Taunts by Blue Jays fans reveal harsh truth about racism in T.O.

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Tom Godfrey By Tom Godfrey
Wednesday October 12 2016

 

 

By TOM GODFREY

Reports of racist taunts at a recent Toronto Blue Jays game are disturbing and uncalled for in our diversified city as the cherished team battles their way to hopefully win the World Series.

The Blue Jays are riding a wave of popularity as they continue to make inroads in the Major League Baseball (MLB) playoffs. As a result, we were all stunned to see shots of a beer can being tossed on the field of Rogers Centre in images that flashed around the world.

What happened to the kind, polite and law-abiding Canadians, many U.S. residents asked on social media.

Even worse were the racial slurs that were heard by many fans as the partially filled can almost hit South Korean-born Hyun Soo Kim, an outfielder for the Baltimore Orioles, who was making a catch in the emotional wild-card game.

Fans said they heard spectators taunting Orioles outfielder Adam Jones and first-base coach Wayne Kirby, who are both Black, and were being told to “go get some more fried chicken”.

“Ushers witnessed this. Security witnessed this. They didn’t do anything, and let them stay in their seats,” one man said in disgust.

It is no surprise that the Internet lit up with angry baseball fans who want Blue Jays staff to do more to crack down or ban-for-life fans heard making racist slurs or involved in unruly behaviour. Banning the sale of beer in cans is not good enough. More has to be done by the Jays to educate and make their fans more aware of hate speech and its impact on others.

The racial slurs, which deeply hurt so many people in our multicultural city, takes us back to the “good old boy” days of 1946 when Jackie Robinson was first allowed to enter the sport and helped to break the colour barrier long held by professional baseball.

If it wasn’t for Robinson, top Jays sluggers like Jose Bautista, Edwin Encarnacion, Russell Martin and others may not be in MLB today. Back then Robinson had to face daily insults, bigotry and violence about his race.

The former track and field and football star was handpicked to play for MLB. He played his first game with the Montreal Royals in 1946. The team was a minor league affiliate of the Brooklyn Dodgers.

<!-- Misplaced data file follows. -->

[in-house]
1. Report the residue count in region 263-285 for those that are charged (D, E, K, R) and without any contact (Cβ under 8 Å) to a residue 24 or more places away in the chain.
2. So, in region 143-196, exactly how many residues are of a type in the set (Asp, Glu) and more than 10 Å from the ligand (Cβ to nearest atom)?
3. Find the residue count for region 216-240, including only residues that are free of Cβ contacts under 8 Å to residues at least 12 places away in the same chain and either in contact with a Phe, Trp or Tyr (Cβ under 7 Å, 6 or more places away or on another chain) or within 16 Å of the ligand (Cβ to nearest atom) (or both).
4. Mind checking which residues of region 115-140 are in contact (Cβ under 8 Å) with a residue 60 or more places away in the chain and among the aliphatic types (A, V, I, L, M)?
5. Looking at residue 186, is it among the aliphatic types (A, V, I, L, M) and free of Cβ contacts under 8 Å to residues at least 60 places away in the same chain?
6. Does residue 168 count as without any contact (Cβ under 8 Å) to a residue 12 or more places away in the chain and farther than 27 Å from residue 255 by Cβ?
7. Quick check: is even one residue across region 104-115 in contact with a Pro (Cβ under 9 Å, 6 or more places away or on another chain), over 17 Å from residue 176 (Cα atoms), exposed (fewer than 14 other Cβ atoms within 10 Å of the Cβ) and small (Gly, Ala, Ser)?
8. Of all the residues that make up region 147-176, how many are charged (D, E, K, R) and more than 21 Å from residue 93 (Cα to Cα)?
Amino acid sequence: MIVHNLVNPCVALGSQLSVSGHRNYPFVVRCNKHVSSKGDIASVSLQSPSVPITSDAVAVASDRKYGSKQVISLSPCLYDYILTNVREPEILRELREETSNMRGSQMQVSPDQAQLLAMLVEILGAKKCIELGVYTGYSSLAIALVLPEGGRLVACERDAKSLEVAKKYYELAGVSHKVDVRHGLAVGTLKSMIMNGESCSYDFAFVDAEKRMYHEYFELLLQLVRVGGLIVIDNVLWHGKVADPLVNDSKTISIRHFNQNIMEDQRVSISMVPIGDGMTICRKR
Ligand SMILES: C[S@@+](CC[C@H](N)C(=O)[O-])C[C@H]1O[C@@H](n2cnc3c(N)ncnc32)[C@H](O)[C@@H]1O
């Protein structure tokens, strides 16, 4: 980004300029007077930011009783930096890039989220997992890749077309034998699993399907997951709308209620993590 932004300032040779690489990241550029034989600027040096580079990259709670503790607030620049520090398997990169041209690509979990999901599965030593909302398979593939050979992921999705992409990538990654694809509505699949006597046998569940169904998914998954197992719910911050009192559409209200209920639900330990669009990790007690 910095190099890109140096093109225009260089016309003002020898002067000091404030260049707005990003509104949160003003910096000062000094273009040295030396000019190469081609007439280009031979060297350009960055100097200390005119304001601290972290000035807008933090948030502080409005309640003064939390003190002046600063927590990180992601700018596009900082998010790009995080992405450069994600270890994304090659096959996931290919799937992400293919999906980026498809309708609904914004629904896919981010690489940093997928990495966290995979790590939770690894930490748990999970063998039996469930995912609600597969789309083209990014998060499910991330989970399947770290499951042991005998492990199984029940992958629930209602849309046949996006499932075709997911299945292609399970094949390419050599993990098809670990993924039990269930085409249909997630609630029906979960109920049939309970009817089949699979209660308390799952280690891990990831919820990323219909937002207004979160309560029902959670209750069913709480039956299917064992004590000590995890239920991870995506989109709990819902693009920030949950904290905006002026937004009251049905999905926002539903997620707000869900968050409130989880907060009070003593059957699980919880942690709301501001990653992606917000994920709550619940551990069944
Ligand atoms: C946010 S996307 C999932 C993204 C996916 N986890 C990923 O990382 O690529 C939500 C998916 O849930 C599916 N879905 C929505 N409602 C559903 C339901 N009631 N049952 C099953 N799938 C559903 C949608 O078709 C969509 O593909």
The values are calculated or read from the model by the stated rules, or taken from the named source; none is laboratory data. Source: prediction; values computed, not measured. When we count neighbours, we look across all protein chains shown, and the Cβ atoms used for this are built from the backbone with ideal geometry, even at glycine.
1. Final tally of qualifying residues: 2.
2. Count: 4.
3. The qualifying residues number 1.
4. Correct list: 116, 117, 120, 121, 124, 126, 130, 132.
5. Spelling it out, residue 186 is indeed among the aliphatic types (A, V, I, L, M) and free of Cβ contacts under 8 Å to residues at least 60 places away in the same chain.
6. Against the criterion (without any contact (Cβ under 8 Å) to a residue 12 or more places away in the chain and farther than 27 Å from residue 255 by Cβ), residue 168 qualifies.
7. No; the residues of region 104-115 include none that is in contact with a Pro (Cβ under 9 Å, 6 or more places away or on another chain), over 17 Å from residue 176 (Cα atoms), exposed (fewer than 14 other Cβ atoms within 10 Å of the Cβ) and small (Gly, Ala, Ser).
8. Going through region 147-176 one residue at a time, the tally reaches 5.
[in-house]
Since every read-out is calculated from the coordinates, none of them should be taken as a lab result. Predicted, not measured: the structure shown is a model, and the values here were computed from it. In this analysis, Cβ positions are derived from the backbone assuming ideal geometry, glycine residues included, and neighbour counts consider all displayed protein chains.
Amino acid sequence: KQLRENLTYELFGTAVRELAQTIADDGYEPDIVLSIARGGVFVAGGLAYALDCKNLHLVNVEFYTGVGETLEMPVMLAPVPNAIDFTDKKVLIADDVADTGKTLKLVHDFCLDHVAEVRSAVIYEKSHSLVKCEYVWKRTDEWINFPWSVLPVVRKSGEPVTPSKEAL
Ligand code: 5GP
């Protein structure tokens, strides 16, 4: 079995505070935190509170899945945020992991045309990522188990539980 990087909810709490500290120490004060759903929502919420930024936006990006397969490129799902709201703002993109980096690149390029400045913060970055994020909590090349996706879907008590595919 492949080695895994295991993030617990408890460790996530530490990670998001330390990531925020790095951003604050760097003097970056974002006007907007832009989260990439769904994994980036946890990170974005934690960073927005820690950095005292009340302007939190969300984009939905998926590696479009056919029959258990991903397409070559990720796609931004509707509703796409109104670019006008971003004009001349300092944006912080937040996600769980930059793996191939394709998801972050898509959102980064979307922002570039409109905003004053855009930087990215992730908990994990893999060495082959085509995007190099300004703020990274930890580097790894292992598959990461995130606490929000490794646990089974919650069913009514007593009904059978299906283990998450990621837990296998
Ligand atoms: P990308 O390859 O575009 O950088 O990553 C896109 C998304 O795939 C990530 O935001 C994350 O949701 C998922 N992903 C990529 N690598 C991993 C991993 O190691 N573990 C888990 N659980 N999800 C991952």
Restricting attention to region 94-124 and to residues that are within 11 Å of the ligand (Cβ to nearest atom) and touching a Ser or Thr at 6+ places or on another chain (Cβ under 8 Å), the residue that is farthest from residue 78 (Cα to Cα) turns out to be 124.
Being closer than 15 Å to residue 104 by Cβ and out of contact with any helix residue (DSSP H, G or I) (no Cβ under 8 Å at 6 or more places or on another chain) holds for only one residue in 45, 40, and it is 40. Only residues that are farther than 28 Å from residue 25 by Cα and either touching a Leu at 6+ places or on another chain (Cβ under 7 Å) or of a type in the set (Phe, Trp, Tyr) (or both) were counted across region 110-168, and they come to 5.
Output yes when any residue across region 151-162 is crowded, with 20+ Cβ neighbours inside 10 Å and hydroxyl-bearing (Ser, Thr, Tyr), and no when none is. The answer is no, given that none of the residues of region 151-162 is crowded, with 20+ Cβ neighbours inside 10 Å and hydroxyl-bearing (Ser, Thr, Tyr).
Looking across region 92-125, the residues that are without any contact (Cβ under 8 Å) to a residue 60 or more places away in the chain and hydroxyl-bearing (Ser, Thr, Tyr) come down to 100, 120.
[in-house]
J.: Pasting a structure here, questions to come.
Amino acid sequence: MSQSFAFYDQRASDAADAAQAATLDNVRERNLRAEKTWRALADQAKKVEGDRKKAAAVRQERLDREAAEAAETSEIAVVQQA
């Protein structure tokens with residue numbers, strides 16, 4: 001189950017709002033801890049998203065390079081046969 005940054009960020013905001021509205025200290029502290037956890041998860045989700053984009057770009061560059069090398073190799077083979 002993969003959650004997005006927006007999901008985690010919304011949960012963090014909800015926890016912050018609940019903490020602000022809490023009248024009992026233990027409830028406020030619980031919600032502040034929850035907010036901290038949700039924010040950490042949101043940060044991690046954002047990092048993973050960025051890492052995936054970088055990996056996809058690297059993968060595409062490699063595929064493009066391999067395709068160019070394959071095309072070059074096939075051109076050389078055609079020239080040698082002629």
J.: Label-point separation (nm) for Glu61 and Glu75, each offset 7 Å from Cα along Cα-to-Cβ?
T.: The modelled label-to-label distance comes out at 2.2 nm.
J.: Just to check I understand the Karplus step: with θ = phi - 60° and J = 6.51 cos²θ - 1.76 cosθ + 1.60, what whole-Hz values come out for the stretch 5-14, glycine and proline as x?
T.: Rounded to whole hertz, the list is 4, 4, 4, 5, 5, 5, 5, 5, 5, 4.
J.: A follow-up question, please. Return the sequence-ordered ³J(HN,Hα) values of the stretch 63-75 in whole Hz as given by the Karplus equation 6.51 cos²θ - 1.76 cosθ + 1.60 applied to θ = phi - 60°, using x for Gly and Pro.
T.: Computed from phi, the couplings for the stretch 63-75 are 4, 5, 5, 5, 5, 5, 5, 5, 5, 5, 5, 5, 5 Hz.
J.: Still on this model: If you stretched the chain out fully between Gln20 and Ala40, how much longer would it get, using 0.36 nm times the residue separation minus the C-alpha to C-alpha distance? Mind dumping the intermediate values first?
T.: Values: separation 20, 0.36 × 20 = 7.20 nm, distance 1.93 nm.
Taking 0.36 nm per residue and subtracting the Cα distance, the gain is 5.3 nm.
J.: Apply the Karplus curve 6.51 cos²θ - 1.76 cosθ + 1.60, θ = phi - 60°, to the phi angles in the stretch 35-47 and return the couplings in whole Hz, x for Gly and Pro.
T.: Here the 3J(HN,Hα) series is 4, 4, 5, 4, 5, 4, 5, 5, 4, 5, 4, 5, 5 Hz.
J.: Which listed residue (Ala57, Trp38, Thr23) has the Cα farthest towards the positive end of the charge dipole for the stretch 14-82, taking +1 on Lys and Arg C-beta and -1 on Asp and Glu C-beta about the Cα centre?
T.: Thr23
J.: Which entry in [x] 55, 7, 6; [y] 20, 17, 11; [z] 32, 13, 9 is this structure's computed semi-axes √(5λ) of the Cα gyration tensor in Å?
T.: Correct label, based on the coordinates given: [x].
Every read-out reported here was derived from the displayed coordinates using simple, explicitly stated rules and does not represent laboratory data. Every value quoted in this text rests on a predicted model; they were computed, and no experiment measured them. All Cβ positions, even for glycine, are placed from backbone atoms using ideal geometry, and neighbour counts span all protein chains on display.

Robinson, the son of a Georgia sharecropper, was sent to Montreal as a first big test to see if a Negro could play and withstand the pressure, boos, insults and having items thrown at them while on the field.

He played his first game for the Brooklyn Dodgers in April 1947 and had a career that lasted 10 years. Robinson was inducted into the Baseball Hall of Fame in 1962.

He was named Rookie of the Year that same year, National League MVP in 1949 and a World Series champ in 1955.

The Dodgers by signing him heralded the end of racial segregation in professional baseball that had lasted for more than 80 years. Black players had previously been relegated to the Negro leagues.

Robinson influenced Black culture and history and gave a lot of his time to help the Civil Rights Movement. In the 1960s, he helped to establish the Freedom National Bank, an African-American-owned financial institution in Harlem.

He was also the first Black television analyst in MLB and the first Black vice-president of a major U.S. corporation, Chock full o’Nuts.

Robinson died of a heart attack on October 24, 1972 at the age of 53 in his Connecticut home. He was posthumously awarded the U.S. Congressional Gold Medal and the Presidential Medal of Freedom.

There have been a number of books written and movies made which documented Robinson’s life and many feats. Today he is still relevant and remains an inspiration to many of us.

Perhaps the Blue Jays and MLB on the next Jackie Robinson Day, which is celebrated every April 15, can try to install into fans his values of racial tolerance, respect and dignity to all.

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